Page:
Different Types of Physical Therapy Part Two

Don’t let the reality that Falls Church, VA physical therapy, such as from AmeriWell Clinics, might be your best friend hit you too late. Routine physical therapy sessions are cheaper than seeing a surgeon, and they’ve improved many mobility and health-related or injury-related ailments at a fraction of the price. Not to mention, the longer you wait to schedule a physical therapy appointment, the longer your recovery time and the worse your issues become. Thankfully, a physical therapist near you is easily accessible and ready to work with you.

You may know physical therapists as PTs or physiotherapists. Due to the latter name, “physiotherapy” is another name for physical therapy. And it might be helpful to look up local physiotherapy offices nearby. So you may want to look it up under that name, too, if you’d like to schedule an appointment, which you can schedule with AmeriWell Clinics. Before making an appointment, you’d probably like to know a few things. Like, what are the different types of physical therapy and which one (or ones) do you need?

In this blog, we’ll cover two main types of physiotherapy: neurological physical therapy, age-related physical therapy.

Physical Therapy for Neurological Conditions

Neurology is the study of disorders that affect your nerves and nervous system. Neurologists analyze the anatomy and functions of your nervous system. Your nervous system enables all of our body parts to work in unison by communicating with one another through electric and chemical reactors. It should come as no surprise that physical therapists can address your neurological-related ailments because they are trained to analyze any issues that affect bodily movement.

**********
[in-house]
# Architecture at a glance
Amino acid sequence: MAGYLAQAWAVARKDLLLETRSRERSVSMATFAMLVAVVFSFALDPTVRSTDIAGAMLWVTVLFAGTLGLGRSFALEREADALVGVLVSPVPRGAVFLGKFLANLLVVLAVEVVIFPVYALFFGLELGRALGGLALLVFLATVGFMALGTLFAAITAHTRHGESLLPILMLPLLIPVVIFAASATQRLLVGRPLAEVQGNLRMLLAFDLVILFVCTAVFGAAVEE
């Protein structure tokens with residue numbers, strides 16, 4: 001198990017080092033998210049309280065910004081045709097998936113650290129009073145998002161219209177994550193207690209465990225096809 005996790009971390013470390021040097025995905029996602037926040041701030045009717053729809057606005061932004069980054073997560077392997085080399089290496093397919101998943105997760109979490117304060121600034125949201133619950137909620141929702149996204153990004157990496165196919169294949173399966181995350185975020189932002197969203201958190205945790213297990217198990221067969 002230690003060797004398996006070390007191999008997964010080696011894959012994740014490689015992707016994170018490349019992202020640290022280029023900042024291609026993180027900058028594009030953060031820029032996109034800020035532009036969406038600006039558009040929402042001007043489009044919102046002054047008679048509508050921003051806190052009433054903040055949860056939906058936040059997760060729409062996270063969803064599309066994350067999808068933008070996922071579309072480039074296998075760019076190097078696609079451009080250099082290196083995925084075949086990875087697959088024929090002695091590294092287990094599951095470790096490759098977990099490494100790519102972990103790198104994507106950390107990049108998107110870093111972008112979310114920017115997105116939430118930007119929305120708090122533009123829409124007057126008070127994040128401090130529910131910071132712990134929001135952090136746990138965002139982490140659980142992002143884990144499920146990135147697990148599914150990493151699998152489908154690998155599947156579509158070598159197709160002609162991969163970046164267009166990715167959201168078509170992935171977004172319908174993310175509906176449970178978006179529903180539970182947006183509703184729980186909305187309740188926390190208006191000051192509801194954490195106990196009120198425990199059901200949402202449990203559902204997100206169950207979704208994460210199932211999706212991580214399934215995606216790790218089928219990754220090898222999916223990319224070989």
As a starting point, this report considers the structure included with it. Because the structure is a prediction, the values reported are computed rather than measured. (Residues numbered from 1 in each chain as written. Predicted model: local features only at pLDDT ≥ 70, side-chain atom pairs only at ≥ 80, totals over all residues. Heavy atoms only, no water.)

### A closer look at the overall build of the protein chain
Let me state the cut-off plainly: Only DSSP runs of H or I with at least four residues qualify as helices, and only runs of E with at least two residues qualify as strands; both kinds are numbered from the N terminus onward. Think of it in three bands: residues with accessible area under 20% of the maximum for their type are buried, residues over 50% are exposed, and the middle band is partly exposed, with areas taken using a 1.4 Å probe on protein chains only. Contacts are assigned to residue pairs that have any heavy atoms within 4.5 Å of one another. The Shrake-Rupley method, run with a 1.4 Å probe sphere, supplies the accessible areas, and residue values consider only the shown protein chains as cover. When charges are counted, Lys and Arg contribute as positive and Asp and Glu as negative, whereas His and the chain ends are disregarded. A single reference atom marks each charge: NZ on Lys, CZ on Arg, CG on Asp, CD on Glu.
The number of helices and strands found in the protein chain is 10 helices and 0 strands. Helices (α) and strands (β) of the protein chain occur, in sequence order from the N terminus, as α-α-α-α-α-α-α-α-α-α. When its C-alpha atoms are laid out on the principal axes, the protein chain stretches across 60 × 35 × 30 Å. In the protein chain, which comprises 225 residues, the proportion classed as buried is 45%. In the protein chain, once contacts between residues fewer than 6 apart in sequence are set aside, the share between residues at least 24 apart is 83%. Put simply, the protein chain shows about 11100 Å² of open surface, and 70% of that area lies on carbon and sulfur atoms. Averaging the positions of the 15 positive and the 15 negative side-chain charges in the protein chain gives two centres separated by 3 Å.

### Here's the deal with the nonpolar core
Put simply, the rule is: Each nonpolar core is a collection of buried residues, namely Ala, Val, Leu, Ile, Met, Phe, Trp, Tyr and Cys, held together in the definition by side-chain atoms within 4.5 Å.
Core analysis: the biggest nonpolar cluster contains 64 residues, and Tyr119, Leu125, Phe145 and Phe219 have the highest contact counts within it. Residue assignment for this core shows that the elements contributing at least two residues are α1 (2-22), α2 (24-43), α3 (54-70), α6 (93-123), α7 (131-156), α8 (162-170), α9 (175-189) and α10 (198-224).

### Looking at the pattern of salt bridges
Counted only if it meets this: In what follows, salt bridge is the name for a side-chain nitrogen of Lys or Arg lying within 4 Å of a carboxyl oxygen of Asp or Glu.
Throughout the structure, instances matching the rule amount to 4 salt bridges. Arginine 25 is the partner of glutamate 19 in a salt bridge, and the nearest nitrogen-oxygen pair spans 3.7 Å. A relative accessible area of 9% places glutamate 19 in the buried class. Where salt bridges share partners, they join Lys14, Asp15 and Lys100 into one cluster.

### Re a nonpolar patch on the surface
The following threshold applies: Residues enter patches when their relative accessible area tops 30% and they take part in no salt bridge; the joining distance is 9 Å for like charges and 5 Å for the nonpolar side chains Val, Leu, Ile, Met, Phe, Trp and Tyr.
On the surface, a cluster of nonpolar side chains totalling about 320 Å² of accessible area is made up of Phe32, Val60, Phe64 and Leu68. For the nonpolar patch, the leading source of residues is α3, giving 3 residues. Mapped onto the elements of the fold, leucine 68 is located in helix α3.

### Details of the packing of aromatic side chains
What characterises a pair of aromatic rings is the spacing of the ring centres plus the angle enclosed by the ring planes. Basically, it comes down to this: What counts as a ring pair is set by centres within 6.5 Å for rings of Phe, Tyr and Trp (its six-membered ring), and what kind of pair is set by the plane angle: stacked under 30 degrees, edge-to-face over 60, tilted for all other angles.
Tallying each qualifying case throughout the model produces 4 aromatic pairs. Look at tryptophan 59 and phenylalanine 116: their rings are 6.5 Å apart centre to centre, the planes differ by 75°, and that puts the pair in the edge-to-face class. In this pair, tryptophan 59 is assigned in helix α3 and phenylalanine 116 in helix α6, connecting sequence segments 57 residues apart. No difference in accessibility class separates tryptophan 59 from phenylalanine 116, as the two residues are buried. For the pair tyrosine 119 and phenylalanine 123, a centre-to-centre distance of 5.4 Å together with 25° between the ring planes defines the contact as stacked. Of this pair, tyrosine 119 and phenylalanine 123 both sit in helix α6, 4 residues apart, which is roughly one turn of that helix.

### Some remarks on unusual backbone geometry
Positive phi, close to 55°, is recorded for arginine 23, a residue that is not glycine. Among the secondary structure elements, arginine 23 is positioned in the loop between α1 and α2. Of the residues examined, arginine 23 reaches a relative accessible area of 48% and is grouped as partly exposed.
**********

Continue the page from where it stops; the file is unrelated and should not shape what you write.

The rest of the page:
PTs who work with clients who have a traumatic brain injury (TBI), spinal cord injury, multiple sclerosis, or cerebral palsy help you adjust to your restricted able-bodiedness (disability). Although physical therapy won’t cure your condition, regular sessions make it more manageable. You are likely to see improvement in your balance and grip. There may even be improvement in your muscle loss. 

A neurologist can help you, but they probably won’t be as equipped as a PT to give expert opinion on which stretches and exercises are best for you. However, a PT trained in neurology physical therapy can diagnose you and create an exercise plan tailored to your unique case. In other words, you are likely to get more benefits from physical therapy for neurological conditions than you would if you only saw a neurologist and not a physical therapist.

Physical Therapy for Age-Related Conditions

As we get older, our bones and muscles weaken. We become prone to injuries and stiffness. Our posture sours, and we may develop “humpbacks.” Fortunately, there are muscle-building and body-strengthening exercises that can reverse the issues that come with age to some degree. Results will vary, but the sooner you get started, the better.

If you’re uncertain of which physical therapy you need, consult with a specialist from AmeriWell Clinics